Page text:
OPEC’s eagerly awaited production cut agreement may have just gotten even harder to reach as OPEC members meeting in Doha are now asking Iran to freeze its output at 3.92 million barrels per day, according to an anonymous source who spoke to Reuters. This is the average daily output of Iran for October.
The amount is also lower than the 4-million-bpd Iran itself had insisted on as the minimum at which it would consider joining the freeze. At the end of October, Iran estimated its output at 3.8 million bpd and the WSJ at the time quoted an Iranian official as saying the country wanted to return its daily average to pre-sanction levels of 4.2 million bpd before contemplating freezing production.
According to Reuters, this pushing of Iran to agree to a lower cap indicates that most OPEC members are in agreement on how much the Islamic republic should pump in order to contribute to the international market rebalancing efforts.
What remains uncertain, however, is how Iran will respond to this proposal. The fact that Bijan Zanganeh, Iran’s Oil Minister, is one of three top officials that decided to skip the Doha meeting, does not bode well for the agreement. Nigeria’s and Iraq’s oil ministers are also not present at the talks.
The signals that Tehran has been sending seem to be clear: the country’s top priority is reviving its energy industry after years of sanctions and its willingness to contribute to a production curb is very conditional.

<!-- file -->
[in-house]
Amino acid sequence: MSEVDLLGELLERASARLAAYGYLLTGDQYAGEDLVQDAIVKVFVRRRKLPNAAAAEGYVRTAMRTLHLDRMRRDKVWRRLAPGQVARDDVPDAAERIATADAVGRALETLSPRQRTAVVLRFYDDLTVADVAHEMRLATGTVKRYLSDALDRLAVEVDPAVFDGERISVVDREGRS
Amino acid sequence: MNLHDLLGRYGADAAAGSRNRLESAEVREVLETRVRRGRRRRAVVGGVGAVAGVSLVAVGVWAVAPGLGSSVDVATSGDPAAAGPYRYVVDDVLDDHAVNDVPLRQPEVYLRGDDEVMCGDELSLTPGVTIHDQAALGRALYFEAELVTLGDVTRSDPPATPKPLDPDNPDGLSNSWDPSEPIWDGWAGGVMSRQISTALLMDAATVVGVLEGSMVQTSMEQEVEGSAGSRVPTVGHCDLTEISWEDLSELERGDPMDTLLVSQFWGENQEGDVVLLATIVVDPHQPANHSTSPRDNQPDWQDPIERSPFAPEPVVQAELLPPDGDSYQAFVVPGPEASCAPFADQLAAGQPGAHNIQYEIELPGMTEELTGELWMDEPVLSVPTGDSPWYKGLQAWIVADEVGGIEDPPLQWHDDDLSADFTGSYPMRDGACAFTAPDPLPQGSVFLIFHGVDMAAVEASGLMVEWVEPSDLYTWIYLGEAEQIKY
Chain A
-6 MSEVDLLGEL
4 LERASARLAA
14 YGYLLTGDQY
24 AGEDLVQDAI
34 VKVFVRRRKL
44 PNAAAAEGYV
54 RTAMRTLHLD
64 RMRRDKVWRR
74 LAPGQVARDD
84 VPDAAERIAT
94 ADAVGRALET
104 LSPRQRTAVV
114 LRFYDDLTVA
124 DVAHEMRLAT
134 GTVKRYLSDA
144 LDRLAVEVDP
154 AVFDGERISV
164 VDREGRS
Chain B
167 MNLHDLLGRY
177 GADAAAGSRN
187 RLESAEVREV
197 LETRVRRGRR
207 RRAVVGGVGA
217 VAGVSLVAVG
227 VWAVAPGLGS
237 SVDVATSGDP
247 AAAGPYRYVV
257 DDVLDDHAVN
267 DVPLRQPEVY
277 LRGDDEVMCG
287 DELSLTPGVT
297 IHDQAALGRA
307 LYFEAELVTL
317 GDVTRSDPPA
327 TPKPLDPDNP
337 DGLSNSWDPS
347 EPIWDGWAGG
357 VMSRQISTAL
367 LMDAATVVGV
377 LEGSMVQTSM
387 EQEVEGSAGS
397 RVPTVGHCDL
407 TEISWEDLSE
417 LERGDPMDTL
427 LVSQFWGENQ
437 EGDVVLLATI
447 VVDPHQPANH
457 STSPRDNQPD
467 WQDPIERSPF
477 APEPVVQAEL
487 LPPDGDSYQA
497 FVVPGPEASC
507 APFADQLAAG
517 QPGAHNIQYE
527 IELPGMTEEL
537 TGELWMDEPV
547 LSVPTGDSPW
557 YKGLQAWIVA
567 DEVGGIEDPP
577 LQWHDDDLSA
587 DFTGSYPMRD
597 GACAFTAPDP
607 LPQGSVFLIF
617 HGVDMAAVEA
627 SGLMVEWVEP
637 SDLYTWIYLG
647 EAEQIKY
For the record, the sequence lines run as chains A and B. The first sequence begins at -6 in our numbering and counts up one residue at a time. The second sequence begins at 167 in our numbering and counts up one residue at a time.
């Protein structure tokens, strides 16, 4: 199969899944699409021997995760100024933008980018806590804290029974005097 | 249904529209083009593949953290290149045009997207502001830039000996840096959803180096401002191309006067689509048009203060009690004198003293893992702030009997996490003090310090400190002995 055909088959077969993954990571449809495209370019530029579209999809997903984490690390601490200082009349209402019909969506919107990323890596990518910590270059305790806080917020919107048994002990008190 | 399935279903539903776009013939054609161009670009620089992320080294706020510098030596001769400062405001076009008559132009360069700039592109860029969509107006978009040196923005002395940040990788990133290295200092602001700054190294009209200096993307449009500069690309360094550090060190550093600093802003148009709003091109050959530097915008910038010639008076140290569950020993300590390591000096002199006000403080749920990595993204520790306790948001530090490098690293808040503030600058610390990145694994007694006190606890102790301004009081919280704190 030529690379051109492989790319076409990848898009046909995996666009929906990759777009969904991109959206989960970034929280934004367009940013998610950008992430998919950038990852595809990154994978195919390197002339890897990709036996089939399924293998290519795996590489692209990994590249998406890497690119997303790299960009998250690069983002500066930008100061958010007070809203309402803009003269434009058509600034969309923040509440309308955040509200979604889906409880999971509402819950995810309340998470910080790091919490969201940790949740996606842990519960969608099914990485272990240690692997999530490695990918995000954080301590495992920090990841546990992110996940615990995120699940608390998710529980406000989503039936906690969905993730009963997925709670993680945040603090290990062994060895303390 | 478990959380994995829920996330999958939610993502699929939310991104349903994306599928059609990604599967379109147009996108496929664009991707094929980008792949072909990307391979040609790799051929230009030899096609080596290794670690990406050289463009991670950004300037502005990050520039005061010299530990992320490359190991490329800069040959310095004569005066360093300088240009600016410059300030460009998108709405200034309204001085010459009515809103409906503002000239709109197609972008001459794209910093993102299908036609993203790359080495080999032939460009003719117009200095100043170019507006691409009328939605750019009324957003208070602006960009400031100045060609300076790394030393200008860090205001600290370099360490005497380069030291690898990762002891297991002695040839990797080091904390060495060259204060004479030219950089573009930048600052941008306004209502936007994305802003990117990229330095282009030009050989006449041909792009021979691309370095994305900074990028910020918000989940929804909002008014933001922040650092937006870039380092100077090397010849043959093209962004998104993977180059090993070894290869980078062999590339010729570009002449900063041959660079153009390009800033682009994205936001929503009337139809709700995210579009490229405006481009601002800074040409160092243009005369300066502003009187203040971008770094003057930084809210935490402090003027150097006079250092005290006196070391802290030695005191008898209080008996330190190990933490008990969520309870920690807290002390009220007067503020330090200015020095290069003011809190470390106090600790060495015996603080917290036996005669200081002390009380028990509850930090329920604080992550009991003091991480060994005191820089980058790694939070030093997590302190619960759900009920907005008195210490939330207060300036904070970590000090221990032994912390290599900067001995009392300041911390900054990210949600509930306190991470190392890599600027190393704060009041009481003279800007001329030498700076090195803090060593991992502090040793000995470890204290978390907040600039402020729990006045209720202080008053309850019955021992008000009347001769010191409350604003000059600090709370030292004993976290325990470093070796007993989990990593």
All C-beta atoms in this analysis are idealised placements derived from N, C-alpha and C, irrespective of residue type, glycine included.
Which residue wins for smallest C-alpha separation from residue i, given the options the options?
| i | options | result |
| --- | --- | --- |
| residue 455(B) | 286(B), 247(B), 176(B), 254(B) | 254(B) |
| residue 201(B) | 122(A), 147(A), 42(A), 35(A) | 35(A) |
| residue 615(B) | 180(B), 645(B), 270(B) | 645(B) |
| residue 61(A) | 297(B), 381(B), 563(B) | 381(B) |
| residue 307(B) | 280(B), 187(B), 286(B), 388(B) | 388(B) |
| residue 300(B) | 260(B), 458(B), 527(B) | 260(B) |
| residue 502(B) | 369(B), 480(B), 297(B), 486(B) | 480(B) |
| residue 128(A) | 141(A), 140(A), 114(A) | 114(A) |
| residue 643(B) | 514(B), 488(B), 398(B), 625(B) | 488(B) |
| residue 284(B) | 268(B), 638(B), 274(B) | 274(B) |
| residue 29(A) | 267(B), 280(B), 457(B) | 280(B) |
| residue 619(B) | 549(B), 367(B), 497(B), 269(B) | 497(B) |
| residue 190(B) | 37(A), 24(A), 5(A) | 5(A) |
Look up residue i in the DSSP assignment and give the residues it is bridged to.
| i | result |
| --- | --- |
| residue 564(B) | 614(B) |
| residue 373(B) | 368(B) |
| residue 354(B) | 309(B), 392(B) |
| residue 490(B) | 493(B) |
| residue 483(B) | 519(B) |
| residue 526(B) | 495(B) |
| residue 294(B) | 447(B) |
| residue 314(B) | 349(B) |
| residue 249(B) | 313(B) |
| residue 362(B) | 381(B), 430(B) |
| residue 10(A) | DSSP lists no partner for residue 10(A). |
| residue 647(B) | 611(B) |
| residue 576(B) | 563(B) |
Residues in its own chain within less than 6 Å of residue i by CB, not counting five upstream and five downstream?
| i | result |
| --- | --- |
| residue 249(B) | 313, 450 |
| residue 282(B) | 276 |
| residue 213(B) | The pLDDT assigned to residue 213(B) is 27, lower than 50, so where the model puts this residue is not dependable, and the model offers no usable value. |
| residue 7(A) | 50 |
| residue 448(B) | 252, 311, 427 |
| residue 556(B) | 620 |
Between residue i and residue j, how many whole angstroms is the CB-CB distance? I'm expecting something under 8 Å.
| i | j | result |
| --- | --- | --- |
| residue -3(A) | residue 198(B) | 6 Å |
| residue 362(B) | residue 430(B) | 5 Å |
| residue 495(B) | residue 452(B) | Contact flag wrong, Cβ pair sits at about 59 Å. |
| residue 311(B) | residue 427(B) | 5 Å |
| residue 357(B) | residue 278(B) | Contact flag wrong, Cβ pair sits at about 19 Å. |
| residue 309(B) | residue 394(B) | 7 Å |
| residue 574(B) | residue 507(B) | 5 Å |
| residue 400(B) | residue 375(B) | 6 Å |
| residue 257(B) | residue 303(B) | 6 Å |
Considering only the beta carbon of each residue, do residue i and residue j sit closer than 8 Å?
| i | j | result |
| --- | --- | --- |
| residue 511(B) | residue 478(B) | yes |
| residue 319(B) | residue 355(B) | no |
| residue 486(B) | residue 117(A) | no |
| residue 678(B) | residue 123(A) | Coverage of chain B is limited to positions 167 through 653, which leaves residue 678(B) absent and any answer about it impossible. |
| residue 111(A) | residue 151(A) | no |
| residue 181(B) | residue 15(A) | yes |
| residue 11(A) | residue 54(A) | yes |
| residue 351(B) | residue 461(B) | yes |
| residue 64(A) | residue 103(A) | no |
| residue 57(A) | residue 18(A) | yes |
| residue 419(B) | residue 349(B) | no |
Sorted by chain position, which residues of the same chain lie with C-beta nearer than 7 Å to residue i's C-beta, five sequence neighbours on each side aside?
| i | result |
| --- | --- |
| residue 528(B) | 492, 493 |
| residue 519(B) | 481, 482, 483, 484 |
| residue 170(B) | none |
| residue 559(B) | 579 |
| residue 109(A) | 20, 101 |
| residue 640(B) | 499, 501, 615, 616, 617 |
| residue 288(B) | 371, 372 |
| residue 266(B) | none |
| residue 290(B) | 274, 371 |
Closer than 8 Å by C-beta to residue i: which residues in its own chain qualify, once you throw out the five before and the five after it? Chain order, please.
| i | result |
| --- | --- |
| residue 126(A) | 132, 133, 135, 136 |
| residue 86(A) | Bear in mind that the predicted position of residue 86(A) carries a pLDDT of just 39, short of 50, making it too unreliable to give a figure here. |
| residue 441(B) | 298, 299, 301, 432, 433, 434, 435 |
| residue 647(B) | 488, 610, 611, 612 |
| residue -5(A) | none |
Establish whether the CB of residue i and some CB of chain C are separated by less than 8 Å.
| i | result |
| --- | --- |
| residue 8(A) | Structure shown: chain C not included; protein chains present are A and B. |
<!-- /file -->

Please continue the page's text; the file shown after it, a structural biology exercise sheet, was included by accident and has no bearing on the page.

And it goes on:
Last weekend, President Hassan Rouhani officially launched commercial production at three fields along Iran’s border with Iraq, effectively adding 220,000 bpd to its output. Plans are to ramp this additional output by1 million bpd.
Even if Iran agrees to this level of production, it means Saudi Arabia will be cutting most of the production if the deal goes through—something Saudi Arabia was previously adamant that it would not do.
Meanwhile, Iran has an axe to grind with Saudi Arabia for more than one reason, and the Saudis apparently continued to pump at record-high levels last month, which is probably not inspiring the Iranians to agree to stop at 3.92 million bpd.
If the deal does fall through, Saudi Arabia can point the finger at Iran, and Iran can point the finger at Saudi Arabia, the cartel’s biggest producer by a mile.
The final chapter of OPEC’s first concerted market-rebalancing effort for the last eight years is scheduled for November 30.
By Irina Slav for Oilprice.com
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